I have this terrible thing that happens to me, which in this case I present as an intuitive success, since I knew it would happen. The terrible thing is I have bad vibes leaping off me, occasionally, so obviously that the average person can see them, or at least discern them. And I must look incredibly suspicious.

Whenever it happens, I'm a little withdrawn for some reason. Like from the weather, or, worse for me, when my natural insecurities are at the fore. There are reasons for this, because sometimes I don't allow time for decompression following intense meditation. Or maybe my basketball team loses. Or the car's having trouble starting, etc. So I'm walking around, looking withdrawn, feeling inside like everything's cinched up.

I go to a store and I guess I look like trouble. Even though I'm a perfectly respectable person who would never do anything wrong. So it happened exactly like that tonight. I'm getting some deli food at the grocery store, then walking around the store with it. I'm looking for nothing in particular, just for something else to go with the meal but nothing looks good, so I look at odds with my surroundings. Invariably, and tonight it happened again, someone comes up to me out of the blue and says, "Are you finding everything OK?" Which I mentally predicted would happen; that's the intuitive success.

Then I'm walking to the cash register and the checkout lady looks like she's going to have to take me down, because I must really look like trouble approaching. The bad vibes, very angular, are ricocheting off the walls; I always wonder what it looks like to the average person; I really wonder what it'd look like to a psychic or someone who can see auras. Probably like a porcupine. Or an unpleasant entity floating over a cemetery. It's not a comfortable feeling, but still very interesting.

At the cash register, then, the cashier was unexpectedly (from her point of view) comforted when I flashed my "preferred customer" card, then it was obvious I was just a normal guy with an eccentric, undefinable approach.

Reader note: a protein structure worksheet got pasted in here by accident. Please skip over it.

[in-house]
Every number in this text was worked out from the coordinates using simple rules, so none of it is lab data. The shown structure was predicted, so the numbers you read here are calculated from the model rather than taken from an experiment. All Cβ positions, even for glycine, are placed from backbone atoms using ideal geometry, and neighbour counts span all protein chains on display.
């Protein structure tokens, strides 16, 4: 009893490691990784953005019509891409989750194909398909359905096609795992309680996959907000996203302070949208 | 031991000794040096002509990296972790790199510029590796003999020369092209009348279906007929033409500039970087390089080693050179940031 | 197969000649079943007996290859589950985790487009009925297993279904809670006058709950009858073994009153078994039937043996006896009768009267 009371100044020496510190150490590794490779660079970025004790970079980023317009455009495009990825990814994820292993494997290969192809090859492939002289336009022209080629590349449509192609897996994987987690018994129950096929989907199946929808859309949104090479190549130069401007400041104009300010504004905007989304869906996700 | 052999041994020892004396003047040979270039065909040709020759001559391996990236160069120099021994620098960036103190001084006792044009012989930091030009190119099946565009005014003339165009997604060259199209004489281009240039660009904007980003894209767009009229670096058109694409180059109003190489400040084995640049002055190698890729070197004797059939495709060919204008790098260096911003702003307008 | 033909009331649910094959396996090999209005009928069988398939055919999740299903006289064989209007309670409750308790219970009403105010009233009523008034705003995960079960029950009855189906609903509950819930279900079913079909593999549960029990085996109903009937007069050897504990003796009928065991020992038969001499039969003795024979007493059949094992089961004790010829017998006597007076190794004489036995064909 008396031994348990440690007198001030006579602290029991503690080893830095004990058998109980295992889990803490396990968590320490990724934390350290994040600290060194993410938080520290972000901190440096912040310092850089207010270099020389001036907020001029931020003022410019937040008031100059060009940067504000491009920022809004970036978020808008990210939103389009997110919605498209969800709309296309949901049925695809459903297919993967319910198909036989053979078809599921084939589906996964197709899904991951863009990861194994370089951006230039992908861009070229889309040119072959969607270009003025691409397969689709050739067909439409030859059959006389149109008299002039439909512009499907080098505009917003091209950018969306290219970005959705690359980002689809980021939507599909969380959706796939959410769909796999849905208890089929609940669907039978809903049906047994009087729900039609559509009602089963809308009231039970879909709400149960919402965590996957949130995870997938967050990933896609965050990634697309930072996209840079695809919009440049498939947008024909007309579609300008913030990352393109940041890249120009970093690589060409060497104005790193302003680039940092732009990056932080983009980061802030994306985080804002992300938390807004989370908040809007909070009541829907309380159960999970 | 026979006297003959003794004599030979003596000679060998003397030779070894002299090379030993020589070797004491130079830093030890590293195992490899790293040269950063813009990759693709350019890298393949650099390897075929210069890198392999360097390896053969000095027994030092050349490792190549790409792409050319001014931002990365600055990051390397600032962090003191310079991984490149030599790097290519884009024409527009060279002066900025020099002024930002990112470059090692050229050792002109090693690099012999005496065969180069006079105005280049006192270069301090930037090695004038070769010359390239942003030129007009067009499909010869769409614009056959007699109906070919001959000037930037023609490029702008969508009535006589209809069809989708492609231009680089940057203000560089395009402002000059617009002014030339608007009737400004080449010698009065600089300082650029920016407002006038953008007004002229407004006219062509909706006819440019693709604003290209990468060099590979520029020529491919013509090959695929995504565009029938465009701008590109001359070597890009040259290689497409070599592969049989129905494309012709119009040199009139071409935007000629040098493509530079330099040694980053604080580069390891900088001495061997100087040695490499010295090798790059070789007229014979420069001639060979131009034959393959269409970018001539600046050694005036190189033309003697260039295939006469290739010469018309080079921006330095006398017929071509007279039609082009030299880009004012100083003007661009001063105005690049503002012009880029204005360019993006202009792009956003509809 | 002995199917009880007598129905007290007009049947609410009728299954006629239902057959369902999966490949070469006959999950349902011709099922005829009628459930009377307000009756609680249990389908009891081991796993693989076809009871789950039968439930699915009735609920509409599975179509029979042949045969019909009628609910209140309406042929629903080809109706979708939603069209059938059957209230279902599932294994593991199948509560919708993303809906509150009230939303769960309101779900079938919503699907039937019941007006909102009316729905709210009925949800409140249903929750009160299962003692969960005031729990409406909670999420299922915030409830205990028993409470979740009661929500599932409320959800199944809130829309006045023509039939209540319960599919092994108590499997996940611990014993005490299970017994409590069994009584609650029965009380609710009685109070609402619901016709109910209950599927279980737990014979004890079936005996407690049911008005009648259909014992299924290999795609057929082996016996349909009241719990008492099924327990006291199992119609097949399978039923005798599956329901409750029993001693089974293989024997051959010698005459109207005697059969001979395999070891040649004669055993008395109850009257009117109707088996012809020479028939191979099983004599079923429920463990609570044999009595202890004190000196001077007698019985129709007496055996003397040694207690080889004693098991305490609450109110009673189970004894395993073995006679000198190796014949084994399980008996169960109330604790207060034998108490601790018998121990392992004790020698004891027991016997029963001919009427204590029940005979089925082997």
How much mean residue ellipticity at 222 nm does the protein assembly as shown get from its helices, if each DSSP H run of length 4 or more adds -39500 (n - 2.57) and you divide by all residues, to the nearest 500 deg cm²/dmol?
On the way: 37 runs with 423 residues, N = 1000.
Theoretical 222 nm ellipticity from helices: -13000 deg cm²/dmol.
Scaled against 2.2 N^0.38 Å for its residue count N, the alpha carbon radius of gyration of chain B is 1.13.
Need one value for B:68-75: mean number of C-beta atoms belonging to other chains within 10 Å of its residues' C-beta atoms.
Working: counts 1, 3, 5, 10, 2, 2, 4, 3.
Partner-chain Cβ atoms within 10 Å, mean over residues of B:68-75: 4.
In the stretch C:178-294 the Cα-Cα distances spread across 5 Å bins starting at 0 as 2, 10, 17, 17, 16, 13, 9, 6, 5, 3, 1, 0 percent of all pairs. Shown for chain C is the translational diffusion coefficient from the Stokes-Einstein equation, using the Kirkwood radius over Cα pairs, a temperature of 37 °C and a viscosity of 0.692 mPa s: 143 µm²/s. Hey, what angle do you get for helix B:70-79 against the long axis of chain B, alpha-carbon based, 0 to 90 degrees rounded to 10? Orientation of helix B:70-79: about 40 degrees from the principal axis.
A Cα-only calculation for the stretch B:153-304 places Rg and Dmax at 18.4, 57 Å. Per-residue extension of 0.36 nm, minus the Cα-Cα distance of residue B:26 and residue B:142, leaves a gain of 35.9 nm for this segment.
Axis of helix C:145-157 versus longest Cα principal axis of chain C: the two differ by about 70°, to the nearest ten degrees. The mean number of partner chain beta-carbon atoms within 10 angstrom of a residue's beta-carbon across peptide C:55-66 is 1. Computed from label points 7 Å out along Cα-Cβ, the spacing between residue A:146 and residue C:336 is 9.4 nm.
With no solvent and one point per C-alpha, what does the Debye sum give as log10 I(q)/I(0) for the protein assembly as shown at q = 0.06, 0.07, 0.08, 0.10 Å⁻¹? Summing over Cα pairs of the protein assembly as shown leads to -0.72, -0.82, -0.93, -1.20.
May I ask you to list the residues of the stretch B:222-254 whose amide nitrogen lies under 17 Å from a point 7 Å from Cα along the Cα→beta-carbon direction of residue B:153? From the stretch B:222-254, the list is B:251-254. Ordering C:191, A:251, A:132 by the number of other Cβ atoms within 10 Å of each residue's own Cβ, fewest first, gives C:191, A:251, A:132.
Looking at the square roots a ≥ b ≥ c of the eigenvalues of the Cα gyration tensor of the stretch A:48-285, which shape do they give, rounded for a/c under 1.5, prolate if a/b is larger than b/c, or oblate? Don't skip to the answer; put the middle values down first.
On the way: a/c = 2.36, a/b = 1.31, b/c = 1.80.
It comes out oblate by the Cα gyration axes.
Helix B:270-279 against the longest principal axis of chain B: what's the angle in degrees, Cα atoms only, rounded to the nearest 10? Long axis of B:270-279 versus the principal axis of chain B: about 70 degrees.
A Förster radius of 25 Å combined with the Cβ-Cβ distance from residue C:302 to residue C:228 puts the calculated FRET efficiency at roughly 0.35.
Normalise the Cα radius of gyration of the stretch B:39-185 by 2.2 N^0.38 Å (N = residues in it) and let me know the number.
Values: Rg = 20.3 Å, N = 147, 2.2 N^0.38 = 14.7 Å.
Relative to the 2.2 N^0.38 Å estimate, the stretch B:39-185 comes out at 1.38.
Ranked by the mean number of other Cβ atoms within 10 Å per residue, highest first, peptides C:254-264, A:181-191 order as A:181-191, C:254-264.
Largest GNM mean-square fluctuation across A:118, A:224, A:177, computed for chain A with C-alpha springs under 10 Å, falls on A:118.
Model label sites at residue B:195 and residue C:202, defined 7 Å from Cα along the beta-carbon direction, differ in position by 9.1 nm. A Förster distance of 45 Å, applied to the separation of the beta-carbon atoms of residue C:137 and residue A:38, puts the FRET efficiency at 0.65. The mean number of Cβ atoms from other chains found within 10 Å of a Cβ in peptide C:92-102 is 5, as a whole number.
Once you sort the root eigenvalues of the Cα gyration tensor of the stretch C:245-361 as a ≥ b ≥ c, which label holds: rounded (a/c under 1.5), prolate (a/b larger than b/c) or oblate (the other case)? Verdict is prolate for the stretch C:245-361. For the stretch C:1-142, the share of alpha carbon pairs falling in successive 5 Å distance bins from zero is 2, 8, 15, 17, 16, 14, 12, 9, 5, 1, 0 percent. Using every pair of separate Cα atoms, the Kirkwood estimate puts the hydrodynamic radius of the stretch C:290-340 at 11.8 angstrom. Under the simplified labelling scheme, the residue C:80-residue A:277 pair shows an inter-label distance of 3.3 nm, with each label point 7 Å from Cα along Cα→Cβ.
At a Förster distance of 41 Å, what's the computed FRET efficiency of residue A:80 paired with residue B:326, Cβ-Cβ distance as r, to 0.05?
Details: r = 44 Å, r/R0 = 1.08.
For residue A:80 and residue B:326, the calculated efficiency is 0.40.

The Pink Professor, my traveling/dining companion in this life, and I had a good conversation in the car afterward. With my intuitive success being something for me to brag about.

The 911 Gauntlet

You'd think if anything in our society were efficient and helpful, it'd have to be the 911 service. Their short little phone number's been drilled into everyone's heads as the go-to number for any emergency. We know it by heart and trust it'll be there when we need it ... even kids in daycare learn it.

You see the quickness of firetrucks, ambulances, and police cars when they go racing by, and you think, That's efficiency! But what if half their speed is only to make up for lost time thanks to a secretly inefficient, bloated 911 bureau, where the operators are trained to be skeptical and therefore slow to respond?

It's just a thought I have, mind you. It's not that I have any personal experience with these wankers. Although, now that I think of it, I remember one time trying to call 911 when there were big sparks flying out of my furnace; it's not that they were slow to respond that time, in fact there was no answer at all. My imagination says that if I actually got them that time, they would've been very skeptical, like, "We've never heard of that before, sir, and we're not sure that's physically possible. Did you know you can be charged for making crank calls?"

The way I picture it, the bureau only hires skeptical people, then they're trained to hone that natural skepticism, so the guy calling in has to prove he really needs help. Because, look, it costs a lot of money to send out the ambulance, firetruck, and police; if they could whittle away 25% of the calls, that'd be a pretty big savings. Who's really going to know? Because our assumption is they're actually responding to 100% of the calls.

So they're skeptical. But what are they looking for, or listening for, when you're on the phone? How frantic you are, whether you're a natural born actor or not. They're going to put you through their paces. I said it costs a lot of money, and that's true, and just think how many pranks -- boy crying wolf -- they've had over the years. We've all heard of people calling 911 because they were stuck in traffic, or their house was on fire but it was only a porch or something.

If you have a medical emergency, it makes a lot more sense, from their point of view, that you would try to help yourself. If you're bleeding to death, it only makes sense to ask, "Couldn't you use your cigarette lighter to cauterize the wound?" You're screaming something and they can't make it out, so they go to the trusted, "Sir, you're going to have to stay calm." Then the phone suddenly goes dead ... and you do too.